We know that Activision’s Bobby Kotick Doesn’t Want To Watch His Games On Subscription Servicesas he said, “I don’t agree with the idea of a multi-game subscription service as a future business proposition, but we [Activision and Microsoft] can agree to disagree.”
Activision CEO Bobby Kotick Regrets Not Supporting Nintendo Switch
The Nintendo Switch is an undeniable success. But that wasn’t clear to everyone when Nintendo was emerging from the Wii U era in 2017. In fact, even Activision’s Bobby Kotick underestimated the Nintendo Switch when he saw its prototype. Now, I admit it’s a the mistake of not developing more software for Switchand said Activision will consider bringing Call of Duty to future Nintendo consoles once they have the specifications of the next device.
There’s so much more to read about this week’s big trial while we all await the verdict. Check out our breakdowns on How Microsoft’s mask is slipping offAnd Activision states that the FTC “doesn’t really understand our industry.” And, IGN Senior Correspondent, Rebekah Valentine, was in the courtroom all week, and she wrote analyzes and summaries for all day belong to the hearing. Or, for all the news highlights, check out ours The full summary of the Microsoft FTC hearing.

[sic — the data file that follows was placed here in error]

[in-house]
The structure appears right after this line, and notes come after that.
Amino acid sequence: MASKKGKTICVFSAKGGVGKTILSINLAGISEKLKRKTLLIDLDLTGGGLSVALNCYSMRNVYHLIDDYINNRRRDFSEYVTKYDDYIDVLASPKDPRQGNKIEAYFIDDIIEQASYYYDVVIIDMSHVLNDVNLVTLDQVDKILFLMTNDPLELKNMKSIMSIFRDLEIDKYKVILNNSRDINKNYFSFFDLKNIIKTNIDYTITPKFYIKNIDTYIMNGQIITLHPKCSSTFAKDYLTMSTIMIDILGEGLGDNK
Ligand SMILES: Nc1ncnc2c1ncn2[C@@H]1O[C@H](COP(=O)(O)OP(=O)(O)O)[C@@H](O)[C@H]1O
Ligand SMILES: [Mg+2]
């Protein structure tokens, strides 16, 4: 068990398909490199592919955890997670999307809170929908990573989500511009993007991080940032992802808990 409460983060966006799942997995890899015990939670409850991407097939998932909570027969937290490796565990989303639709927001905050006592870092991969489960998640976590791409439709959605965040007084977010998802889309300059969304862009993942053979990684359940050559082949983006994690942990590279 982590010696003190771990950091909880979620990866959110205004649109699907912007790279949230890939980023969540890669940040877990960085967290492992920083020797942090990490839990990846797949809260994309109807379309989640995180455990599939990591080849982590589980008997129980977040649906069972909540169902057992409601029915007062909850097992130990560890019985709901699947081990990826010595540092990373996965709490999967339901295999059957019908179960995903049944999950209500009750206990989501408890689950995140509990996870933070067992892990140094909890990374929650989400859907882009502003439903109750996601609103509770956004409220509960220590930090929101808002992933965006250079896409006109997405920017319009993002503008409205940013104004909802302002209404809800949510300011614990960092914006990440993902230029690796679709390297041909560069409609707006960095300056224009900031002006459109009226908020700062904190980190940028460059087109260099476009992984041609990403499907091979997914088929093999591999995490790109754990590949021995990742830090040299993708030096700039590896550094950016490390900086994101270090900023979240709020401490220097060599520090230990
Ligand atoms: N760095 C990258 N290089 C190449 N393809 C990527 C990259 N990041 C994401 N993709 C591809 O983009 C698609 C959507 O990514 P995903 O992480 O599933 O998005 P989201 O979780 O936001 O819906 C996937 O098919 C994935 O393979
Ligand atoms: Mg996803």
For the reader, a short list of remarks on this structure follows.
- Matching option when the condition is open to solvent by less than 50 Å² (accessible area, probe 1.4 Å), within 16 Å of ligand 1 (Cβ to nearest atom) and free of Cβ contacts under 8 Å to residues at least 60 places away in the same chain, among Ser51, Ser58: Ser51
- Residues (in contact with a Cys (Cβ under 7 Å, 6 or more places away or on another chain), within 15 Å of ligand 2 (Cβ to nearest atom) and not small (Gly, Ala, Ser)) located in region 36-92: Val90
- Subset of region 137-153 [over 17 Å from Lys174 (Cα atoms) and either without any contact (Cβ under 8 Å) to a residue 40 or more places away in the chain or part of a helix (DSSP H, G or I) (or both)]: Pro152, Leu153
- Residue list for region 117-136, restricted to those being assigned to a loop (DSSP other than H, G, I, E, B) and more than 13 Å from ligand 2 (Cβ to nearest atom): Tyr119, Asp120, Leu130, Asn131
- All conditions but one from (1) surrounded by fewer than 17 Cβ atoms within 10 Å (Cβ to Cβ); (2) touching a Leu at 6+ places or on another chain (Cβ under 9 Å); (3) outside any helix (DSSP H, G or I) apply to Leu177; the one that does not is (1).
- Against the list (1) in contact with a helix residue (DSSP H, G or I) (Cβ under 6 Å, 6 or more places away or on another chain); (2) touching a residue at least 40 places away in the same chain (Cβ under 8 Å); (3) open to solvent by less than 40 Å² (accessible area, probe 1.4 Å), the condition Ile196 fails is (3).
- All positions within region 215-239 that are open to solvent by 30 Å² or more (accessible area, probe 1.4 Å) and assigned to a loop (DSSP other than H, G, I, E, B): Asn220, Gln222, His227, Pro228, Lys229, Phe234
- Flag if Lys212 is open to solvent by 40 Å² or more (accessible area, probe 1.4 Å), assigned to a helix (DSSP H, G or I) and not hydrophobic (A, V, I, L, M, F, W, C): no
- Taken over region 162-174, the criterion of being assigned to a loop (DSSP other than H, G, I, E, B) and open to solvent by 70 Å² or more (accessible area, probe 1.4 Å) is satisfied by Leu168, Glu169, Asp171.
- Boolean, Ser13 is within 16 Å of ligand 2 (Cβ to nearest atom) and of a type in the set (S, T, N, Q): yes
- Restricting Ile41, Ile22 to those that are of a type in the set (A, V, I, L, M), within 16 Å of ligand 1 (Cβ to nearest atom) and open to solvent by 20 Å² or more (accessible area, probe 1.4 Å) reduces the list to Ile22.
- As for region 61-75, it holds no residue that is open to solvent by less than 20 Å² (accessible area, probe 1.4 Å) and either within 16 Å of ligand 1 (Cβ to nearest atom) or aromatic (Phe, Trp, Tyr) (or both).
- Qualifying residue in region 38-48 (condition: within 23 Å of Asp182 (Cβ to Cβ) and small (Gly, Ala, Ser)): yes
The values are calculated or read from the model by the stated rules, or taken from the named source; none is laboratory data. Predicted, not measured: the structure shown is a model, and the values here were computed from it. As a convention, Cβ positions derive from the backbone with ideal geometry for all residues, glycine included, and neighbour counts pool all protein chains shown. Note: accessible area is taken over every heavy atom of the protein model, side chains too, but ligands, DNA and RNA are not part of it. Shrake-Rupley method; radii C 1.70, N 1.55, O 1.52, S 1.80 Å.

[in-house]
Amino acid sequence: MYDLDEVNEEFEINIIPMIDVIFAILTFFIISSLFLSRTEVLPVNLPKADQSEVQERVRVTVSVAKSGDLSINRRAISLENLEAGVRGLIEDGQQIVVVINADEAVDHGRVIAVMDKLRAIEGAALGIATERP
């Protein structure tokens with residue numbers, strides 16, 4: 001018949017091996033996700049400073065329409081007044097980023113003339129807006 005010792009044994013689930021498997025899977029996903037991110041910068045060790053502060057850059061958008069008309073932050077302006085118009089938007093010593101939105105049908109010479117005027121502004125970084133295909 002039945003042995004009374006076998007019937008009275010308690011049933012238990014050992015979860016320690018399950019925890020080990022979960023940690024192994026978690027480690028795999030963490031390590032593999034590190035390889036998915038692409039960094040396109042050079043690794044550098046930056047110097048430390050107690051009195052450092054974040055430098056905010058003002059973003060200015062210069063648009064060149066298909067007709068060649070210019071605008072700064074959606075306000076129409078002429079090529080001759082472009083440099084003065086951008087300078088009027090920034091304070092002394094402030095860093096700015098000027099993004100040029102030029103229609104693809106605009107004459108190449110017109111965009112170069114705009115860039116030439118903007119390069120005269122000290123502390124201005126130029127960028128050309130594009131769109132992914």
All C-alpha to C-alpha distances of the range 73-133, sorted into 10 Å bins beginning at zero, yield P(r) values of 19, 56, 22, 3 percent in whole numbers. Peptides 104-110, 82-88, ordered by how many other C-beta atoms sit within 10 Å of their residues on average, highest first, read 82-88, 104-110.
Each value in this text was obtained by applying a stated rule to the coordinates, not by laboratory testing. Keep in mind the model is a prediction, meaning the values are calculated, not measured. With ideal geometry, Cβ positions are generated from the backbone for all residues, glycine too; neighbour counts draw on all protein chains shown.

Logan Plant is a freelance writer for IGN on video games and entertainment news. He has over seven years of experience in the games industry with sublines at IGN, Nintendo Wire, Switch Player Magazine and Lifewire. Find him on Twitter @LoganJPlant.